Activist Cat Brooks Joins Race for Mayor of Oakland
May 4, 2018
Posted in Against White Supremacy, Economic Development, Elections 2018, Equal Rights/Equity, Gentrification, Housing/Foreclosures, Immigrant Rights, Labor, Libby Schaaf, Oakland Job Programs, Police-Public Safety, Racial profiling, Rebecca Kaplan, Responsive Government, Restorative Justice
Cat Brooks, co-founder of the Anti Police-Terror Project and now former host of “Upfront” on KPFA, speaks at the ILWU Local 10 May Day rally on May 1, 2018. Earlier that day, Brooks announced live on KPFA that she is now a candidate in the race to become Oakland’s next mayor, challenging the re-election of current Mayor Libby Schaaf. Photo by Sarah Carpenter.
By Sarah Carpenter
Cat Brooks, co-founder of the Anti Police-Terror Project, is running for mayor of Oakland.
Brooks was a host of KPFA’s “Upfront,” until the final 10 minutes of Tuesday morning’s show, when she had to take a leave due to her status as a political candidate.
Brian Edwards-Tiekert interviewed Brooks as a guest following the live on-air announcement of her candidacy.
She said she has been asked by many grassroots organizations to run for the office of mayor, and until now she has always said no. “And then I said yes,” she told Tiekert.
“Because my life’s work is centered on the needs of the people,” Brooks said in her prepared remarks on May 1, “I am here to announce—today—on International Workers Day that I am throwing my hat in the ring to challenge neoliberal Libby Schaaf for mayor.”
Brooks described her campaign as one that would minimize police spending (currently almost 50 percent of the city’s general fund) to pay for community programs, specifically related to the housing crisis. She said her campaign would treat homelessness as “the epidemic that it is.”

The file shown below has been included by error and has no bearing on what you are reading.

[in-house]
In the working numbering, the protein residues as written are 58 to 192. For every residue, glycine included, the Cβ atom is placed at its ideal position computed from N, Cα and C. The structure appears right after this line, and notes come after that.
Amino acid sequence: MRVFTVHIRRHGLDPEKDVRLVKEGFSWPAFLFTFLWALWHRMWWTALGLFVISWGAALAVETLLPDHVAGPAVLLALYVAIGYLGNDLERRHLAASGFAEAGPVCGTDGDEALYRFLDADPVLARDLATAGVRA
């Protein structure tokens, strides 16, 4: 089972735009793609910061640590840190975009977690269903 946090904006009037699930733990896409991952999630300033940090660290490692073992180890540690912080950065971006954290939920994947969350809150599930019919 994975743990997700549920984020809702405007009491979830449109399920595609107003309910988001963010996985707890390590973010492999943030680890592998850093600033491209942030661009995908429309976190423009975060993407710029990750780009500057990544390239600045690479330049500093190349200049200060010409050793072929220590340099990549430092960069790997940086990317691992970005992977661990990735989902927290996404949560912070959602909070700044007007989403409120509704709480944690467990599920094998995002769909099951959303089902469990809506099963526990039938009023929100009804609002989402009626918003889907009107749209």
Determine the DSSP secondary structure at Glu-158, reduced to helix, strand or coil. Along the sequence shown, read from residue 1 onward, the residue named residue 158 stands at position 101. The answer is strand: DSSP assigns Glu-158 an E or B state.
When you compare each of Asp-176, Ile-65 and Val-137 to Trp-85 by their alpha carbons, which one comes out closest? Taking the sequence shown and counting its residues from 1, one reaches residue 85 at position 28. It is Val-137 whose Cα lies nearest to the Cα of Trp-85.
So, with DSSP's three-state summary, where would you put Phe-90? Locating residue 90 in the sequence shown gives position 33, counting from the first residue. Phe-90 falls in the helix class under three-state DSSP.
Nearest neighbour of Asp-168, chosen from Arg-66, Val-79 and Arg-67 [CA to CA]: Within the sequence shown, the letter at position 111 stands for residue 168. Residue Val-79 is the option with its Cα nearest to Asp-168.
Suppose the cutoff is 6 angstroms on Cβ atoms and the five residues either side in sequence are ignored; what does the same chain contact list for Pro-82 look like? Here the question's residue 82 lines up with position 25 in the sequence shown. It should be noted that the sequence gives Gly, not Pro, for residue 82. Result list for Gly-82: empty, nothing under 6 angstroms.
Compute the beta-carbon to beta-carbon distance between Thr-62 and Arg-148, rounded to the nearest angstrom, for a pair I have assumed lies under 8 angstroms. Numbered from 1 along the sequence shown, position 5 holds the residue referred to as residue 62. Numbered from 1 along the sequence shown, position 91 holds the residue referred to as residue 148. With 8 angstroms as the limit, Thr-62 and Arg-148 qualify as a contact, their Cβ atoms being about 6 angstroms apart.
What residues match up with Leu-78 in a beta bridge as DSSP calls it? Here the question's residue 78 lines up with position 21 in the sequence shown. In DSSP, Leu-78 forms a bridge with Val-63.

Councilmember-at-Large Rebecca Kaplan, who has been an active in searching for solutions to the city’s housing crisis, responded to the news that Brooks will be in the race for mayor this November,
“I think it’s wonderful,” she said.
Brooks’ May Day announcement coincided with the springtime festival that has since the late 1800s become known as a worldwide celebration of workers’ solidarity, International Workers Day.
Brooks spoke at the International Longshore and Warehouse Union (ILWU) May Day rally in DeFremery Park, where renowned actor, director and activist Danny Glover delivered an impromptu speech in support of the longshoreman and their continued social activism.
The ILWU Local 10 shut down all Bay Area ports in 2010 in protest of the killing of Oscar Grant by an Oakland BART police officer. This year, family members of Sahleem Tindle and Stephon Clark, two unarmed young men who were killed by police, attended the ILWU May Day march and rally.
Brooks marched alongside the Tindle family down Adeline St. from the docks to DeFremery Park. She, along with the APTP, has been a leader in organizing to bring about the arrest of BART officer Joseph Mateu, who shot and killed Tindle outside West Oakland BART station in January.